The Grid of Manhattan

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The first time you come to New York, especially as a foreigner, you are surprised by the sight of that little tourist map you get. Streets and avenues, that’s all there is to it.
The map looks like it’s been drawn with a ruler. And, in fact, that’s the case. To understand why that is, we have to go back in time and down to the southernmost point of Manhattan. That’s where the Dutch arrived in their sailing ships. They saw the place and must have liked it. It surely wasn’t the skyline that did it. More surely the treeline. Anyway, they stayed. New Amsterdam was born, first as a small settlement, and then grew bigger. A couple of houses here and there, a street that connects them, but no plan was followed. It’s the organic way European medieval towns grew. A collection of houses, maybe a square or two and curving streets running through it.
It must have been fun here. More and more people came. And the English wanted to live here too. They found that “New York” sounded better. The place was soon bursting out of its bounderies. It was time for some serious expansion. But the only way was up. They came to an “agreement” with the local “manhattan” tribe and bought the rest of the swampy island for “a dime or two”.
Some iconical modern times urban planning was in the making: the grid. The most simple street plan imaginable. The streets run east to west. The avenues run south to north. The streets get numbered south to north. The avenues east to west.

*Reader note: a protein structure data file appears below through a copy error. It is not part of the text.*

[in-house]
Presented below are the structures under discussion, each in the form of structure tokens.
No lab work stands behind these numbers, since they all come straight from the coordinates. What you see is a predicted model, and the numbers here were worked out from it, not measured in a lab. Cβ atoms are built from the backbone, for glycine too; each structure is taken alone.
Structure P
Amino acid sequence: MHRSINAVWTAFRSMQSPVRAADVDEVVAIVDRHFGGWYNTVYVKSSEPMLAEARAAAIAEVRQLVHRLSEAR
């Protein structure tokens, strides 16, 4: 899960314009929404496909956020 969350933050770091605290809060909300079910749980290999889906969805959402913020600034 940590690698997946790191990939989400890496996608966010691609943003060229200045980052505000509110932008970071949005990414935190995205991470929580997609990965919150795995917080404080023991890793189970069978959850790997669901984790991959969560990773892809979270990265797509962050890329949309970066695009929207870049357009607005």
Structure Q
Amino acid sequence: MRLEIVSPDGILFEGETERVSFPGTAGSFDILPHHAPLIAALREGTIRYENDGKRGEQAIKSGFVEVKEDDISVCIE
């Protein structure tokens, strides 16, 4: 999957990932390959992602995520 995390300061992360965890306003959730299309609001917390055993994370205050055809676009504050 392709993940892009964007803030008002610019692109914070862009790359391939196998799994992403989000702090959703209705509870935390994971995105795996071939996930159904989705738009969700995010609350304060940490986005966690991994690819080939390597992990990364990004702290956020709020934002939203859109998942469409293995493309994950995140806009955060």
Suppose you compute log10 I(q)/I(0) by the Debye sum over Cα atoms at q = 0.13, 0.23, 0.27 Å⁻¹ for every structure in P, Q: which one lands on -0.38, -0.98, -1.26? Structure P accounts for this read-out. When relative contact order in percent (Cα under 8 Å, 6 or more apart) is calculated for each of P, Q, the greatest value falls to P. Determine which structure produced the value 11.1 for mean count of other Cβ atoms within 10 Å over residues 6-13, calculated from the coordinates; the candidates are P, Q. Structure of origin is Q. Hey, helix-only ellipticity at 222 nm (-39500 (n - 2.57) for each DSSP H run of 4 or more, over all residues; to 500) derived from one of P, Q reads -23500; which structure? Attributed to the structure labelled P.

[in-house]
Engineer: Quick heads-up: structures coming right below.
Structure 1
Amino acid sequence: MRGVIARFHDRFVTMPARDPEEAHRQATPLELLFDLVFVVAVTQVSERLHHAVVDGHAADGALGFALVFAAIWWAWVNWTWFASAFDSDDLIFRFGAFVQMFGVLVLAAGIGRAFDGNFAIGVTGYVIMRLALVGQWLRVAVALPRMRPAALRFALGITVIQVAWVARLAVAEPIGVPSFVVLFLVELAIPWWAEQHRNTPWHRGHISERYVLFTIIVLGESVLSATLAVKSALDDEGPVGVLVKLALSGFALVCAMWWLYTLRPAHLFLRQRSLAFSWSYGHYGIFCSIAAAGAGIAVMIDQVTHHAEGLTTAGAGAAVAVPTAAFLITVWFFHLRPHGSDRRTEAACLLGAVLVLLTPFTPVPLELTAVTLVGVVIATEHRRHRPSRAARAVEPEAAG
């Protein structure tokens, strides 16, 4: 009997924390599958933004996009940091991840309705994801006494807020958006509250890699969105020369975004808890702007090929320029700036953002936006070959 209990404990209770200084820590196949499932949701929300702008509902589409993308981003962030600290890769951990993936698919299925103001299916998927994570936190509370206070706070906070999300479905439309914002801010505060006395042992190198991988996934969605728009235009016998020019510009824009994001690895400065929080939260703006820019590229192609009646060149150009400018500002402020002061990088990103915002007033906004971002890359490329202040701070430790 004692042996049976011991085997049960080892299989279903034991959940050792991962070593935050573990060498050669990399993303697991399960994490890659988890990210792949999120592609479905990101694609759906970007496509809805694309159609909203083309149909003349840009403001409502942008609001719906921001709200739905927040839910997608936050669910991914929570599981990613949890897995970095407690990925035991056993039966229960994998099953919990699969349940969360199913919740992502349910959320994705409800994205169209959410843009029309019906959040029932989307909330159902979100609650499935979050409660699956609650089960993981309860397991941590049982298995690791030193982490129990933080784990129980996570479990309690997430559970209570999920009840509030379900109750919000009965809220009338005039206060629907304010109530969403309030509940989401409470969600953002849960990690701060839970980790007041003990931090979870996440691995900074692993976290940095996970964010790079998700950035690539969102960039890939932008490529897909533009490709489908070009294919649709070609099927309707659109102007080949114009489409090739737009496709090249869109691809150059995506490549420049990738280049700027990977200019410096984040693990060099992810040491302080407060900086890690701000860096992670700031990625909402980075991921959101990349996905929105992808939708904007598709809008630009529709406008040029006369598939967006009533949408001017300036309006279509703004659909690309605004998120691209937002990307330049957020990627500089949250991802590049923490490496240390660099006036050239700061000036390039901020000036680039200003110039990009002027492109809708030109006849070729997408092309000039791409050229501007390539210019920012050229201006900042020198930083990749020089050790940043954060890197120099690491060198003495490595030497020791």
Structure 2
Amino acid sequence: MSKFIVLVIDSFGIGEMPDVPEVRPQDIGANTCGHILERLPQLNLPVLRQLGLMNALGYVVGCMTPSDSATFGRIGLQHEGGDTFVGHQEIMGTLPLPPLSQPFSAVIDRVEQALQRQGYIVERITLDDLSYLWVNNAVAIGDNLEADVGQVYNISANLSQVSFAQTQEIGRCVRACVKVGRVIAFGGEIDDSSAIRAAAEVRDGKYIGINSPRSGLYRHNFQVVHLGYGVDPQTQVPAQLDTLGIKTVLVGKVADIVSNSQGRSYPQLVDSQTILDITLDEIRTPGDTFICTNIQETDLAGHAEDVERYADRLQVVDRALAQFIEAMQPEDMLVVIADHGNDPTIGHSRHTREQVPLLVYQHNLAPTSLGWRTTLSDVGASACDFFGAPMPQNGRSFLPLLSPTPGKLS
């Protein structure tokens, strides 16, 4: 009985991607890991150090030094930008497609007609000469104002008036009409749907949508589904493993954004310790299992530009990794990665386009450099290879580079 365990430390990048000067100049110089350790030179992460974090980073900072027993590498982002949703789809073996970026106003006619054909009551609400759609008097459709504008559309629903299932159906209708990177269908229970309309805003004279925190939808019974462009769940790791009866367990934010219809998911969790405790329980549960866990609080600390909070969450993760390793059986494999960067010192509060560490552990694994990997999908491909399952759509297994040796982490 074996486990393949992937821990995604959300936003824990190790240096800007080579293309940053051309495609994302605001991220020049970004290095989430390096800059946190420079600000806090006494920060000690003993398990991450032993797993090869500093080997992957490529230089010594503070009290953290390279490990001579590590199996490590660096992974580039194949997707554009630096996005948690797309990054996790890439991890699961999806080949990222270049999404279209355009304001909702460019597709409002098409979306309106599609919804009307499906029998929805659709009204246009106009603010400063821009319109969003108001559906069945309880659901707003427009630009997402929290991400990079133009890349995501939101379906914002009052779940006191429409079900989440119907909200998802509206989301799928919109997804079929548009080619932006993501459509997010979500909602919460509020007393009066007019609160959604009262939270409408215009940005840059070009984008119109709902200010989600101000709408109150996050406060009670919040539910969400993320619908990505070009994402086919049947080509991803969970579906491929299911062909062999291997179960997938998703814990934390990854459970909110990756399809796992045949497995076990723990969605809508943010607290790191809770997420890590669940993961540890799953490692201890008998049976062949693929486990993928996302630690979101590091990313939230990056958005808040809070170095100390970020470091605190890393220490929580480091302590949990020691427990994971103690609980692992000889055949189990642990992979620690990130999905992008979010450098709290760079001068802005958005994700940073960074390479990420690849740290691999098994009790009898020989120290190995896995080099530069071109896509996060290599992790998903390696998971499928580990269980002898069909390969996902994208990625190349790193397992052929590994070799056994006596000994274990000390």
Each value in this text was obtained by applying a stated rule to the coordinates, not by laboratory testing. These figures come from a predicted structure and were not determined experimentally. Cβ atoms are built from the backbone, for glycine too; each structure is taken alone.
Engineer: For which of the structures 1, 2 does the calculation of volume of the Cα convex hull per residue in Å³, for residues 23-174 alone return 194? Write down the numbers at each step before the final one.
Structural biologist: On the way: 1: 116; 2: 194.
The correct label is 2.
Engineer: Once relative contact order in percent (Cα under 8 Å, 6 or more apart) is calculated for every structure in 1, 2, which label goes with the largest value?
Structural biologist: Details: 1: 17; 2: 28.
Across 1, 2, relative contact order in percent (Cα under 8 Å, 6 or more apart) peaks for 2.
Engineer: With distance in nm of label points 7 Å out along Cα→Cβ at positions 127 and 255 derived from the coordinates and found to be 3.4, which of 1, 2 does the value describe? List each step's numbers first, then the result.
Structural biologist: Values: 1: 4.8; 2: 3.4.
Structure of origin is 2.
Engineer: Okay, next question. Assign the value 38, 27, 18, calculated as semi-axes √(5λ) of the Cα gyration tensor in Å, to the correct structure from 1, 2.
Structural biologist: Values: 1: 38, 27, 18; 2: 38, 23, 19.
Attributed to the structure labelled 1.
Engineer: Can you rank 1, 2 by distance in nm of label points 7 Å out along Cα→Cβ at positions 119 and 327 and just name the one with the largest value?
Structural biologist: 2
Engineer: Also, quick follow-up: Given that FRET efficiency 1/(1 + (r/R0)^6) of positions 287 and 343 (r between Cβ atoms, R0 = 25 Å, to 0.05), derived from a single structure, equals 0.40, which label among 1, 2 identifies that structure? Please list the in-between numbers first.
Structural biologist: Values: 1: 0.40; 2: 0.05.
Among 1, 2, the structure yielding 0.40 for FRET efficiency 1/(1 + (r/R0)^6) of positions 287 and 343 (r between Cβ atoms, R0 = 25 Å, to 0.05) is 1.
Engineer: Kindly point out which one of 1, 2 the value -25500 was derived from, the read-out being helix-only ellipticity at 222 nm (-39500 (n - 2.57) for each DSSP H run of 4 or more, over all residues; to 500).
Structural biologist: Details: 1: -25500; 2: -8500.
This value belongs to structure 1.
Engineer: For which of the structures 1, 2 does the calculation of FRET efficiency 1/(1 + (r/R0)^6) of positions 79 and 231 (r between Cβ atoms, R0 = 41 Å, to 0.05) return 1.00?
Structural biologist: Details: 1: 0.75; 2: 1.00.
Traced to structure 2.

If you take a good look at your tiny map, you’ll notice this one crooked street that seems to stubbornly break through this otherwise so perfect plan. Broadway. It has always been a broad way, even during the Manhattan tribe times. And, should we say miraculously, it has survived.
This explains Manhattan’s grid. And also the more meandering streets downtown. It’s the only place in Manhattan where you can get lost, where you can have a hard time finding the right street. No such thing on a checkerboard, where you only have to know how to count in order to find your destination.
It’s simple. Very simple. But sometimes also boring. Every block has the same length and width. Walking the street has no surprise. No unexpected twist in the road. If it wasn’t for New York’s very distinct districts, neighborhoods and landmarks, it would be an extremely boring city to walk in.
What am I saying!? Twice a year, the grid allows us to witness the Manhattanhenge phenomenon, where the low rays of the setting sun align perfectly with the city’s streets.

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2 thoughts on “The Grid of Manhattan

  1. Gives me a Tokyo vibe… sigh

  2. lieve.db says:

    There she goes…I was there to witness it and of course a lot of the grid itself…

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